The reality of climate change intensifies the need to support our natural environment. These programs address environmental concerns but also build inclusive communities to ensure equitable outcomes.
- A Rocha: Operation Wild
The impulse to care for our natural environment can come from many sources. For Christian conservation organization A Rocha, it is a religious commitment and Operation Wild is an expression of that. The program leverages local organizations that support adults with disabilities to help them become leaders in their communities in the areas of conservation, stewardship and environmental education.
- Beautiful Alleys: Birge Street Parkette
This project is another chapter in the Beautiful Alleys story of improving alleys and green spaces in Hamilton to make them safe and welcoming. The Birge Street Parkette will be an enhanced green space across from the General Hospital available to hospital staff, patients, local residents and visitors. It will also provide safe, accessible pathways for pedestrians and cyclists.
- Boys and Girls Club of Hamilton: Woodland
Cultivating meaningful relationships with the natural world can start at a young age. The Woodland project provides families and pre-school kids with access to environmental education on the Red Hill Valley trail and Green Venture and McQuesten Urban Farm green spaces. A certified “forest school” teacher and an early childhood educator take families into the woods for an opportunity to develop a love of nature.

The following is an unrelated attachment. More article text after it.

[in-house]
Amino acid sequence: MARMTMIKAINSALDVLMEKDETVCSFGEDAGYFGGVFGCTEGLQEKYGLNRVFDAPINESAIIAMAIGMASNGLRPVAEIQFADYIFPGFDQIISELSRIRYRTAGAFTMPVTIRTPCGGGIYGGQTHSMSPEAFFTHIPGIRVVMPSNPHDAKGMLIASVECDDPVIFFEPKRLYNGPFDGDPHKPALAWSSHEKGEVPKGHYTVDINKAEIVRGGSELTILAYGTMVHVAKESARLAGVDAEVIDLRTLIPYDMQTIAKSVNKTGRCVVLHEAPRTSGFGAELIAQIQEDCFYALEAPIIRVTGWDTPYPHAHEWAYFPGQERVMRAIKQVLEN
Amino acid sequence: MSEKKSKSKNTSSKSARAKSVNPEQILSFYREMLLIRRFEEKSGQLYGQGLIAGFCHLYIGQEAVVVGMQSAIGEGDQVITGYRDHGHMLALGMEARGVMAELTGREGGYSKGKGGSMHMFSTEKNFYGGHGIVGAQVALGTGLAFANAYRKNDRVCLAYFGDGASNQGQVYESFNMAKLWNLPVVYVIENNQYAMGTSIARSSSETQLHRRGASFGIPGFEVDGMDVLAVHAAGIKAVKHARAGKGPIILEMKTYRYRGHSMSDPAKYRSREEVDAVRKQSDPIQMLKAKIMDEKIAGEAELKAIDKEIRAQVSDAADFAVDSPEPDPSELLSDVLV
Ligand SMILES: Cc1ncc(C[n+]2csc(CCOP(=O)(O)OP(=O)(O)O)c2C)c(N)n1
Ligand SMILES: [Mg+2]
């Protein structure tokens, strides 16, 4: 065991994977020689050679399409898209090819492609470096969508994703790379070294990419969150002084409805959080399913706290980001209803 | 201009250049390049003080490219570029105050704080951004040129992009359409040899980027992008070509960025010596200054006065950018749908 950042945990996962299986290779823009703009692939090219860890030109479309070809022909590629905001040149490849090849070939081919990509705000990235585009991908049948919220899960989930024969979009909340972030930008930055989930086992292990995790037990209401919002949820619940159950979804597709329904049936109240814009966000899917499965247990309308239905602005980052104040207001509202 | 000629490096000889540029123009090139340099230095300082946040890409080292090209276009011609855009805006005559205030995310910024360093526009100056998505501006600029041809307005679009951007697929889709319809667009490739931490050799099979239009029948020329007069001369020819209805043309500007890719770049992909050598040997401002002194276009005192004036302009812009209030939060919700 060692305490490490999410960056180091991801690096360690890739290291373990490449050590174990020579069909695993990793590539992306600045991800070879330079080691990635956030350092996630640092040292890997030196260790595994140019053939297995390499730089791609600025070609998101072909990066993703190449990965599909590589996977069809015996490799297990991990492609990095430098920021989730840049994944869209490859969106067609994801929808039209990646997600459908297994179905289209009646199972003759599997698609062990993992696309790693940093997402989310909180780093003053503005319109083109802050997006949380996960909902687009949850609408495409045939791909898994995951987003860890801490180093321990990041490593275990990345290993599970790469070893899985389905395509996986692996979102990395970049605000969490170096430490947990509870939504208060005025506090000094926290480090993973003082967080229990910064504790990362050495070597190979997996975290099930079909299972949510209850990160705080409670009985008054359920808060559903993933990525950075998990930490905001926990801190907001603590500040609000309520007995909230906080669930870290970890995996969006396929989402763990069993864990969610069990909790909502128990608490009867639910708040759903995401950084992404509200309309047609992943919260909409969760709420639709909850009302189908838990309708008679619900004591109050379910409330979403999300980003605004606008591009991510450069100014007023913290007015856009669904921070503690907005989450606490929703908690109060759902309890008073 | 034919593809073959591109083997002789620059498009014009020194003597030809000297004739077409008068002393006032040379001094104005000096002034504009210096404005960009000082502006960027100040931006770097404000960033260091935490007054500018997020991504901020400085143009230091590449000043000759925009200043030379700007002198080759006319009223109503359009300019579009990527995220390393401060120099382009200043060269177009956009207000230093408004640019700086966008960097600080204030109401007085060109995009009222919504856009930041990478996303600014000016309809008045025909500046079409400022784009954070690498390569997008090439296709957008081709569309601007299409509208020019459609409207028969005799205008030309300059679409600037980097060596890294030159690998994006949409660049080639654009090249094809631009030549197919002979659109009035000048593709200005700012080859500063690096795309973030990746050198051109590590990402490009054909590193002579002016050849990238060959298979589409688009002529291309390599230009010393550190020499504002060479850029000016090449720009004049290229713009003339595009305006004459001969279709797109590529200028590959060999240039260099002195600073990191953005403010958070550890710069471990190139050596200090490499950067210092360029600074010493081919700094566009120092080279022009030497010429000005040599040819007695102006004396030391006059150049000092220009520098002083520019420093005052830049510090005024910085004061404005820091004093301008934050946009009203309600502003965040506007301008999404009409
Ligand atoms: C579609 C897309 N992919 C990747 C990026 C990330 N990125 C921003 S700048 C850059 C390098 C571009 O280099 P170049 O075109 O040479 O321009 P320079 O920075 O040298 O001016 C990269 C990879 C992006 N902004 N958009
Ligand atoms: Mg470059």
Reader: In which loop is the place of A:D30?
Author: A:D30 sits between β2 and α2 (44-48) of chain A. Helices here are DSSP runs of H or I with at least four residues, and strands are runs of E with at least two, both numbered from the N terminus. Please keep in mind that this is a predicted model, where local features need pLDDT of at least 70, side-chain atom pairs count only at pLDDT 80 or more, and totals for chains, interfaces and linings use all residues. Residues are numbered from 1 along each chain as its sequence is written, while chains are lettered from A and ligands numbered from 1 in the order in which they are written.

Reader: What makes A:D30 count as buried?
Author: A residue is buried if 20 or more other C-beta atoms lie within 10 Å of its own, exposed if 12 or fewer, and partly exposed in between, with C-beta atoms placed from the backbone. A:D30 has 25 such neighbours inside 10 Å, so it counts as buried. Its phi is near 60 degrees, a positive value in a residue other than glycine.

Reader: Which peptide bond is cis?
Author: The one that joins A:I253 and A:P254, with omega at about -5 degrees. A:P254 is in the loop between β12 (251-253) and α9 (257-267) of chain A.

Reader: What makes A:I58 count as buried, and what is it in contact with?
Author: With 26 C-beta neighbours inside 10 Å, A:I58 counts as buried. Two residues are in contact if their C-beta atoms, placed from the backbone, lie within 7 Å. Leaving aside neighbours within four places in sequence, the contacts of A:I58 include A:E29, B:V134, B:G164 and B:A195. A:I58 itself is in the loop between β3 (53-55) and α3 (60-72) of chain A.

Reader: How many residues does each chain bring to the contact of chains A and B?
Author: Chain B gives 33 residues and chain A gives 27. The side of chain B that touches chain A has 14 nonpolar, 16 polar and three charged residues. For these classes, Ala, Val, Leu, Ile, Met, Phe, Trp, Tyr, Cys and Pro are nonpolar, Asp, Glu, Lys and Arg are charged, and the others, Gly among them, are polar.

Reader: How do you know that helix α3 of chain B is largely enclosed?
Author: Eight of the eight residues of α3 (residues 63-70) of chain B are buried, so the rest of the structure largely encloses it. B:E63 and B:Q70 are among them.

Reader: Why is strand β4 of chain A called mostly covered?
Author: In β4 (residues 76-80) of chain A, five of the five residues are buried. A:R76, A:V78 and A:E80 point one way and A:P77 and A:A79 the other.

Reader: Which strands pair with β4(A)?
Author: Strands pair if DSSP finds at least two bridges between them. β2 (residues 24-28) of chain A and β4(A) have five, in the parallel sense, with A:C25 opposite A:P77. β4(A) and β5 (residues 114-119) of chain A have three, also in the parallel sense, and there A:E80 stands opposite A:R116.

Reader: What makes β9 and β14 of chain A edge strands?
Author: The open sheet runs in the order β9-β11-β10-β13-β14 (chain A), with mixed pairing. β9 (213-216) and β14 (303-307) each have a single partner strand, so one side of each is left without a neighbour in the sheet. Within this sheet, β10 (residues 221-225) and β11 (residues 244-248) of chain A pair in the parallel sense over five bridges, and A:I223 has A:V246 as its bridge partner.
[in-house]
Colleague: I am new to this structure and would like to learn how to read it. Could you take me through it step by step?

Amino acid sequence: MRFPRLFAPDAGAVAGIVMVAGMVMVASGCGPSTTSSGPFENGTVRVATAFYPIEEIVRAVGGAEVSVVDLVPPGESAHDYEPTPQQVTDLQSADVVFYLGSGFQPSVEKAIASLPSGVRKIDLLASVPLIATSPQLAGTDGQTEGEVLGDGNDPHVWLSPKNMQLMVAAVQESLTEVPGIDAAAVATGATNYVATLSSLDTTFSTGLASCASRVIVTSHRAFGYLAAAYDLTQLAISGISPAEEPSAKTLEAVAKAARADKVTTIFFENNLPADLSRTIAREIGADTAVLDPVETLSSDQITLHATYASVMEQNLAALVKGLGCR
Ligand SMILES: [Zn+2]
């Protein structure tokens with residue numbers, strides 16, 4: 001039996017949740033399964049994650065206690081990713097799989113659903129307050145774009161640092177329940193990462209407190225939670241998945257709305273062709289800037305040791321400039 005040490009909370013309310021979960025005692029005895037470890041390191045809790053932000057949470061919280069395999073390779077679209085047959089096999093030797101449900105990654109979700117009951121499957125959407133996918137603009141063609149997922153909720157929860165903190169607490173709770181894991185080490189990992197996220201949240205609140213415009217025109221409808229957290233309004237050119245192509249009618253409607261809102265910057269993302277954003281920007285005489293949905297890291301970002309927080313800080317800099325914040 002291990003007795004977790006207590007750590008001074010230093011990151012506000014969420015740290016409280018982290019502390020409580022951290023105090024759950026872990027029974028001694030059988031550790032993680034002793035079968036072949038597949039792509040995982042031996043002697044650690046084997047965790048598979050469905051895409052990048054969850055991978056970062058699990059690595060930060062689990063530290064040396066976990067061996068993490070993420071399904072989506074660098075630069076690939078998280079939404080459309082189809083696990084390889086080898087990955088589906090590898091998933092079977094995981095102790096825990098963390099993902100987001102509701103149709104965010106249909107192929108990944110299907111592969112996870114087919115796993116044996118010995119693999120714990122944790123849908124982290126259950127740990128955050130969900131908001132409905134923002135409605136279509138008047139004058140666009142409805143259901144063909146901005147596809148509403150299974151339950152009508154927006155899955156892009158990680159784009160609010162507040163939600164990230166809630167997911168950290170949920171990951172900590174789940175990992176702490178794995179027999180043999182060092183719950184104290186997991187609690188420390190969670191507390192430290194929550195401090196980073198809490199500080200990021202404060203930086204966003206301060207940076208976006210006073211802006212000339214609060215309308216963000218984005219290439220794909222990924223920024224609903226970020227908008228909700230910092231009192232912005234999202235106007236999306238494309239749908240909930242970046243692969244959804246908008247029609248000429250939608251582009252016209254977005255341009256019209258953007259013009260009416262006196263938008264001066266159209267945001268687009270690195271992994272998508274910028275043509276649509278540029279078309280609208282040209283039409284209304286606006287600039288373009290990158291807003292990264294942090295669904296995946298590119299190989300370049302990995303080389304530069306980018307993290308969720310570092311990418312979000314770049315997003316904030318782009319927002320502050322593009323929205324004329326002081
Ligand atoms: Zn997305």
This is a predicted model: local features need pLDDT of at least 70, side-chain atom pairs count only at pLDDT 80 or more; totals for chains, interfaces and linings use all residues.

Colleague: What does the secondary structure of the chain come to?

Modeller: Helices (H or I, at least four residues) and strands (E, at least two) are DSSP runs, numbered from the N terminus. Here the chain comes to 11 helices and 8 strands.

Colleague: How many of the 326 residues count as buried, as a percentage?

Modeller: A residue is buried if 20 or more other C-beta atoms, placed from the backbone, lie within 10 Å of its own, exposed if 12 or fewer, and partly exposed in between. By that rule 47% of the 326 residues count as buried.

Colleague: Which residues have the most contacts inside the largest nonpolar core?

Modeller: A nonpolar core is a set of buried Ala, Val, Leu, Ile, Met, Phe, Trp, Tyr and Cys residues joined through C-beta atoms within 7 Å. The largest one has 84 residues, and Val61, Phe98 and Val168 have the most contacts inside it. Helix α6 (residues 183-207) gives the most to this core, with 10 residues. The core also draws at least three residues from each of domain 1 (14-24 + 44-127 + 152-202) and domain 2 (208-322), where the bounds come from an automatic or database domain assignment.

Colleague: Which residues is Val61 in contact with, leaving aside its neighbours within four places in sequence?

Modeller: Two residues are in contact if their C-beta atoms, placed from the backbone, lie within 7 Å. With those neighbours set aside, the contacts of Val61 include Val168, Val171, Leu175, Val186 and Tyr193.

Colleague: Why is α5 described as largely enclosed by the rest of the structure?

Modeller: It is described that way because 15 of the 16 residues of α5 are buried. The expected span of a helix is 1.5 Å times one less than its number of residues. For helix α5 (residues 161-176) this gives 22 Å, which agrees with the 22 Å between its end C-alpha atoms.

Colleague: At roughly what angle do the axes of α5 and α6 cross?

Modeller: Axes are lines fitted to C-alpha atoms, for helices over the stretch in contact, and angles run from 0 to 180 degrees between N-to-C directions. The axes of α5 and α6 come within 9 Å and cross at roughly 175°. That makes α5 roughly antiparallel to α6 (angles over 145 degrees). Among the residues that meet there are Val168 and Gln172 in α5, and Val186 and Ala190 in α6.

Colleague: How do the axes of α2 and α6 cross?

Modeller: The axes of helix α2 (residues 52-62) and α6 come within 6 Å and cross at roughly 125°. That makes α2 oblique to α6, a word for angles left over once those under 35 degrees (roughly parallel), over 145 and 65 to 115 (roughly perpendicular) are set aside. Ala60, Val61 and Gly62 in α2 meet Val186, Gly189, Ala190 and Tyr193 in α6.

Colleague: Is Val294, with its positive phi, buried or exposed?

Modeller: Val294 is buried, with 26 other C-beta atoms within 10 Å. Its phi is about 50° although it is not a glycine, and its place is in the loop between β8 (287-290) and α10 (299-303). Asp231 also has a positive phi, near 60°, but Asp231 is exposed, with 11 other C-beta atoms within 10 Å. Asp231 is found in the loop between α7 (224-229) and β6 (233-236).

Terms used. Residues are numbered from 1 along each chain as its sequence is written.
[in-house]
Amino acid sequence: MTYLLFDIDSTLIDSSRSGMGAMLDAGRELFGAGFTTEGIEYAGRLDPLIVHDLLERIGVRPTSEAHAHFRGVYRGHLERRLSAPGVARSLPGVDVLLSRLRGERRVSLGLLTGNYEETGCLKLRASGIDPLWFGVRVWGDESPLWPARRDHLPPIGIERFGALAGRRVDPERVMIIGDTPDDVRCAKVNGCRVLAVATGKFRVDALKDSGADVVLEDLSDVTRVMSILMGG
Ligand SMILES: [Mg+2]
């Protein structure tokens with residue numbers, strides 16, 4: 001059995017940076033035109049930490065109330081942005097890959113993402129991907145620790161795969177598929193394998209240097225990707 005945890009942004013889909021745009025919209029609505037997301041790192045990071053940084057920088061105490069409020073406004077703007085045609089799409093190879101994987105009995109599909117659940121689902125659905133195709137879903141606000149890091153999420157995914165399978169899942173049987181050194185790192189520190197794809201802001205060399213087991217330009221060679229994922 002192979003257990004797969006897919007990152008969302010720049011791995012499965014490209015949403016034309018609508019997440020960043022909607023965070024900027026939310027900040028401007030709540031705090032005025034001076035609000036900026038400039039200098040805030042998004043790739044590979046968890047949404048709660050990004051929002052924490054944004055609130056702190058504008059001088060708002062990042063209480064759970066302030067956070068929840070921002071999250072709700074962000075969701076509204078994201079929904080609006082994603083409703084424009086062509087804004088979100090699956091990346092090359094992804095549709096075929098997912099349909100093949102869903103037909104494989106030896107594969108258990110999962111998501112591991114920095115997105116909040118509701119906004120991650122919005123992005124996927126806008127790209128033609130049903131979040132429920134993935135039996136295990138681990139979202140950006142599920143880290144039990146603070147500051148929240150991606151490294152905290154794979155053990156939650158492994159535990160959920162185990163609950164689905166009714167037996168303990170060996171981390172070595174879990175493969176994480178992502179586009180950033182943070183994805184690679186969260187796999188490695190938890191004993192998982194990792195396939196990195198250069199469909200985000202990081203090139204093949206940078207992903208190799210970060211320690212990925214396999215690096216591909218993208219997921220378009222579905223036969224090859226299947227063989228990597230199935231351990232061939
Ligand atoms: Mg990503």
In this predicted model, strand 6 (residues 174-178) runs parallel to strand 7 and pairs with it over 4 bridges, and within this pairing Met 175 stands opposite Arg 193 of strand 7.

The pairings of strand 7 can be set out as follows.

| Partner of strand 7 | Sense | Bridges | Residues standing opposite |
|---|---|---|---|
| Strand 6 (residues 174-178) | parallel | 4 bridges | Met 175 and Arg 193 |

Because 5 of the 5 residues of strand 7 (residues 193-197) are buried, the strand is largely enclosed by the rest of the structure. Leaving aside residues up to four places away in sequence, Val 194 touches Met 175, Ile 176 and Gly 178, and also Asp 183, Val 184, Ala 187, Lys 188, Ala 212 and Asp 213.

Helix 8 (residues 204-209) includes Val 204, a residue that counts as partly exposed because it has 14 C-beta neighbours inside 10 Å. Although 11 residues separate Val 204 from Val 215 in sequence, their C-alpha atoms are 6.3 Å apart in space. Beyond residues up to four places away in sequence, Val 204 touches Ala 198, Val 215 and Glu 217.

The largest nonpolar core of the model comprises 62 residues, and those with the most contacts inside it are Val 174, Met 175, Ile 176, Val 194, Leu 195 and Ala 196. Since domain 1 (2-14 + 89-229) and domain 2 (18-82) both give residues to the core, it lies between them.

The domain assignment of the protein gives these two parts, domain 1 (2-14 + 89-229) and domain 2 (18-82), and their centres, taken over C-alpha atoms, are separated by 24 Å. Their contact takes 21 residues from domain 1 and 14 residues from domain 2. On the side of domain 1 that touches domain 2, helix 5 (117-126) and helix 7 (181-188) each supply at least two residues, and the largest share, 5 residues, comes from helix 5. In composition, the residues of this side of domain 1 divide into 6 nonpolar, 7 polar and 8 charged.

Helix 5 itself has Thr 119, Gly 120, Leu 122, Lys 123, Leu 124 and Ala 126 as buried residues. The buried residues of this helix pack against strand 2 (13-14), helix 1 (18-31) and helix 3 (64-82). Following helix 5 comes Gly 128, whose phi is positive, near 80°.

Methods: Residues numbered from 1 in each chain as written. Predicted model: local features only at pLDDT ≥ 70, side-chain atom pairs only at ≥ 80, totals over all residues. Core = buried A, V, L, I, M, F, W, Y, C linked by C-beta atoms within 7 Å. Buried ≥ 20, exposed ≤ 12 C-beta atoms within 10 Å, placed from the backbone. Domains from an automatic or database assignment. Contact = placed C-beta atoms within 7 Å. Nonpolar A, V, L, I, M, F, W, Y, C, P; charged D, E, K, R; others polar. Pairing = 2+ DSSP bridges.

- Green Cities Foundation: Green My City, Hamilton Barton Village
Barton Village is getting a green makeover: more trees, shrubs, plants and perennials. It’s all courtesy of the Green My City program whose purpose is to improve green spaces for the betterment of people who live in the area, especially the most vulnerable like children and the elderly. Outcomes include cleaner air, reduced traffic noise and more shaded areas to cool down hot summer streets.
- Green Venture: Canopy for Community
Canopy for Community brings together partners Green Venture and Trees for Hamilton to engage youth and local residents in enhancing Hamilton’s urban forest. Through learning about nature-based climate solutions and the importance of urban forest for community health, participants will take direct action with the goal of planting more than 500 new trees.
Our Future Intended blog is an ongoing series that spotlights some of our most recent granting in areas such as physical activity, Indigenous communities, literacy, food, community theatre, seniors and more.